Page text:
I think the problem is not that any of these proposals are right or wrong. I think the problem is that perspectives that are not diverse enough generate them. All of them, like the blind men in the fable, are "right”- from their perspectives what they are proposing makes total sense. However, the lack of diversity involved in reaching the solution means that there are huge blind spots that cannot be overcome. A group of brilliant people with similar perspectives, interpretations, heuristics, and predictive models cannot be as intelligent as a group made up of average folks with cognitive diversity. At least not for complex challenges. And I think there is at least one thing everyone who has a stake in this agrees on, and that is that healthcare and its reform is complex.

What we need is the collective wisdom to recognize that all of these perspectives are right, and all are limited. Wikipedia lists the moral of the fable as "due to extreme delusion produced on account of a partial viewpoint, the immature deny one aspect and try to establish another…it is impossible to properly understand an entity consisting of infinite properties without the method of modal description consisting of all viewpoints.” Diverse perspectives and multiple right answers, or choosing "the one best”- what do you prefer?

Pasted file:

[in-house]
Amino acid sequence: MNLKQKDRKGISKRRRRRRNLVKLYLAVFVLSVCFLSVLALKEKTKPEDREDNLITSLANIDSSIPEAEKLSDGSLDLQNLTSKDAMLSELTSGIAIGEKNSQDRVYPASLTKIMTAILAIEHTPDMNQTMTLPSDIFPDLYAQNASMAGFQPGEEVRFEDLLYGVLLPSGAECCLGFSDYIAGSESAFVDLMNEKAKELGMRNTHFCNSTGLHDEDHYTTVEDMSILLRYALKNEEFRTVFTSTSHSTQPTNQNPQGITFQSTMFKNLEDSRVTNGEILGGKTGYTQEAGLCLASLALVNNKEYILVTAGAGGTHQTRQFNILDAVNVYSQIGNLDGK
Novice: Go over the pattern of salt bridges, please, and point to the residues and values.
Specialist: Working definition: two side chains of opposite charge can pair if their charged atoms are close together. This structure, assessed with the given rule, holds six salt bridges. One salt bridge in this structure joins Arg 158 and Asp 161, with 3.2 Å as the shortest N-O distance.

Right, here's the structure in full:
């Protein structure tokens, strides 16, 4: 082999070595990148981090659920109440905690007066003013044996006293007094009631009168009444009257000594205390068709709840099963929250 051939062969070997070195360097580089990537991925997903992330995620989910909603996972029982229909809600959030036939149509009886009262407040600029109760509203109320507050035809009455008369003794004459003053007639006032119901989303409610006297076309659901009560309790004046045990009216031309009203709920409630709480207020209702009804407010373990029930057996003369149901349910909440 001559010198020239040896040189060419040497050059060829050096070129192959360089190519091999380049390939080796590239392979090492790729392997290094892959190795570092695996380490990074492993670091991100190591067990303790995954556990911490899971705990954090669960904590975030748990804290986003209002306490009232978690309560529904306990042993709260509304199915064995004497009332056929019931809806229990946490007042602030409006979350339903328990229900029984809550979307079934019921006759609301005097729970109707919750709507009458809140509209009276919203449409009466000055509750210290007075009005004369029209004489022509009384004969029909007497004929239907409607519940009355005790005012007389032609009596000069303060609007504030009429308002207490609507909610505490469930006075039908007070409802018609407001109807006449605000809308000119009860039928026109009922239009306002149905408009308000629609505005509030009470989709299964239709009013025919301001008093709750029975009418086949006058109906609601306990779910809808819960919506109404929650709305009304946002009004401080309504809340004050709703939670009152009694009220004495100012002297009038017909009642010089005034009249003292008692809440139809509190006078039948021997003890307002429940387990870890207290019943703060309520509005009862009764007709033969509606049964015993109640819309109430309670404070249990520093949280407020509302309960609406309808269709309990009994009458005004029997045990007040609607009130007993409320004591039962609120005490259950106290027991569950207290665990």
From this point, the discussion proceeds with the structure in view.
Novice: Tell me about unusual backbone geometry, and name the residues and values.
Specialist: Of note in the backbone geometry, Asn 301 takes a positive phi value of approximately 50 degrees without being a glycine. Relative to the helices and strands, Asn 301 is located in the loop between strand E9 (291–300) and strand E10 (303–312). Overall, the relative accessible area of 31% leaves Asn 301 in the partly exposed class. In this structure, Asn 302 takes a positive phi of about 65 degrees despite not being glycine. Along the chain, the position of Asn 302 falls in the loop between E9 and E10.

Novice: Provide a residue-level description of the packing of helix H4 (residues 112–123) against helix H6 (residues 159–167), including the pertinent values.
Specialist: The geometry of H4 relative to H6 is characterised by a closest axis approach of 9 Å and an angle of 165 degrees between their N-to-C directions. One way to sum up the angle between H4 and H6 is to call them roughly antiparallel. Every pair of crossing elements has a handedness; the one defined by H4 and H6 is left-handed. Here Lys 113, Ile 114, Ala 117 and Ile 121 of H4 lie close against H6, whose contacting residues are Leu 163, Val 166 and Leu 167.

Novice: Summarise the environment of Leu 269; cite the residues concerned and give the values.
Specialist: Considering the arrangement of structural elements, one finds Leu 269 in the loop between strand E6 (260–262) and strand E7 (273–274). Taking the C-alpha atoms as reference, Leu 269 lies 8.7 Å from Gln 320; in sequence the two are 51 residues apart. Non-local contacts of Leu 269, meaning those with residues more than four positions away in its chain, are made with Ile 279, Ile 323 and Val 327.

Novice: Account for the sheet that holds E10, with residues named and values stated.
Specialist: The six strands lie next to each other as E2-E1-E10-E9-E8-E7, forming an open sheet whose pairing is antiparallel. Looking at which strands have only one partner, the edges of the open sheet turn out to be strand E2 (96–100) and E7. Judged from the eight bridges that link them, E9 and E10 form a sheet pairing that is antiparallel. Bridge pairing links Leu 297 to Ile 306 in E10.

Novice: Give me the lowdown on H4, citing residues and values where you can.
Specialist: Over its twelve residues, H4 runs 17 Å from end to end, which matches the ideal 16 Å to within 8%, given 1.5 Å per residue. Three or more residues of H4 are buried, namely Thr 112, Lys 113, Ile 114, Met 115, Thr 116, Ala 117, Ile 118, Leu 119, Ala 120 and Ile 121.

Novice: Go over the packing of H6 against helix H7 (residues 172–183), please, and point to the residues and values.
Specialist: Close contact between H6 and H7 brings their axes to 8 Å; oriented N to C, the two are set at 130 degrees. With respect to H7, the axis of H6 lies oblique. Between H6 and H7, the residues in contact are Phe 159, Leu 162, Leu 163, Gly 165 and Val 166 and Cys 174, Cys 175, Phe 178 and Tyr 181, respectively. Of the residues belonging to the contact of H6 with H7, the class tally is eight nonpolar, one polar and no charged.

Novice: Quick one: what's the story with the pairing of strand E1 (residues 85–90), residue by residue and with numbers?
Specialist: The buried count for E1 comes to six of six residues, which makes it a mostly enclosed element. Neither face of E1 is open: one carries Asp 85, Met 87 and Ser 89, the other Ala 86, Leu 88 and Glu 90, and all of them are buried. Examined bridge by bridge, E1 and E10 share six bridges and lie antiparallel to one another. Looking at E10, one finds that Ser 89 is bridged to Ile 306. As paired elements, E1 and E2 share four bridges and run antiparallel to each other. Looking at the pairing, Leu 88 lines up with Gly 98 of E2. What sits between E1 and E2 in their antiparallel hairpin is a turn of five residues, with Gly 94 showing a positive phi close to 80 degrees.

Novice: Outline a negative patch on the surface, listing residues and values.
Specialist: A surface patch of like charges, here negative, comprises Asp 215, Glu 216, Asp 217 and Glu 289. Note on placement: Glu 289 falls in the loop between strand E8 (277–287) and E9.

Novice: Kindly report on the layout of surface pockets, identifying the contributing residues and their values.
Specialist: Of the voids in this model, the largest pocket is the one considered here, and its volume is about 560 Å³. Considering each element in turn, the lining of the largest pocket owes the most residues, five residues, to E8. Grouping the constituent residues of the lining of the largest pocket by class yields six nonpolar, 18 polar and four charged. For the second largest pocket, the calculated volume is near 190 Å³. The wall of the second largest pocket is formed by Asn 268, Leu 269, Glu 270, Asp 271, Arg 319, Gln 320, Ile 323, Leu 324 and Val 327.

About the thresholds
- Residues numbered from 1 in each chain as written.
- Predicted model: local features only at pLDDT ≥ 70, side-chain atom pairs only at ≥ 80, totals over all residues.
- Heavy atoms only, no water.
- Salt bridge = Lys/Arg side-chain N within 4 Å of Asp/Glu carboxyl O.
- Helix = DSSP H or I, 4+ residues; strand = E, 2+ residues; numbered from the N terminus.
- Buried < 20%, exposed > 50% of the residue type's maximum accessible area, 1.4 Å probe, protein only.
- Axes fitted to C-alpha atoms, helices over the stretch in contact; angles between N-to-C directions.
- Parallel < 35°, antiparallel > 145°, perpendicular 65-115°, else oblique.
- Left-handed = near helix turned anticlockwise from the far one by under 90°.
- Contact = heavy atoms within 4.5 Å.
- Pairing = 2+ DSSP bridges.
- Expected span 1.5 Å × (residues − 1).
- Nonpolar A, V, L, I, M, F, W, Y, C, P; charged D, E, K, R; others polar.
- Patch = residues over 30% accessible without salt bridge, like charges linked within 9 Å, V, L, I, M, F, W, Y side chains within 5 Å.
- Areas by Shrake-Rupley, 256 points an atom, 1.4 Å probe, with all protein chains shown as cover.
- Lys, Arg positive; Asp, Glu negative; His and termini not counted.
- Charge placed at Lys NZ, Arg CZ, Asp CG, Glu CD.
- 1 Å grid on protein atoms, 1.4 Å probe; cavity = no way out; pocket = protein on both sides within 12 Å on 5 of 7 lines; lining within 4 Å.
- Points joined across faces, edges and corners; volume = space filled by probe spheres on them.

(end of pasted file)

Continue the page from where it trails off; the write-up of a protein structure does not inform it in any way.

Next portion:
Tags:  catching butterflies  cohn  diversity  healthcare 

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Making “Best” Even Better

Posted By Jeff Cohn, Thursday, June 13, 2013
Updated: Friday, September 19, 2014

The dictionary defines bestas "of the highest quality, excellence, or standing.” From this comes best practices, which Wikipedia defines as "a method or technique that has consistently shown results superior to those achieved with other means.” The definition continues, "a ‘best’ practice can evolve to become better as improvements are discovered.” What happens to our drive for improvement when we hear a practice being referred to as best? I think there is a natural tendency to think only about the first part of the definition and assume that our work is done. Couple that withthe fact that many things referred to as best practices are developed elsewhere and "shared” with us for us to "adopt.” Often these decisions are made near or at the top of our organizational hierarchies, and the challenge becomes one of implementation: "do what worked for them and it should solve our problems too.”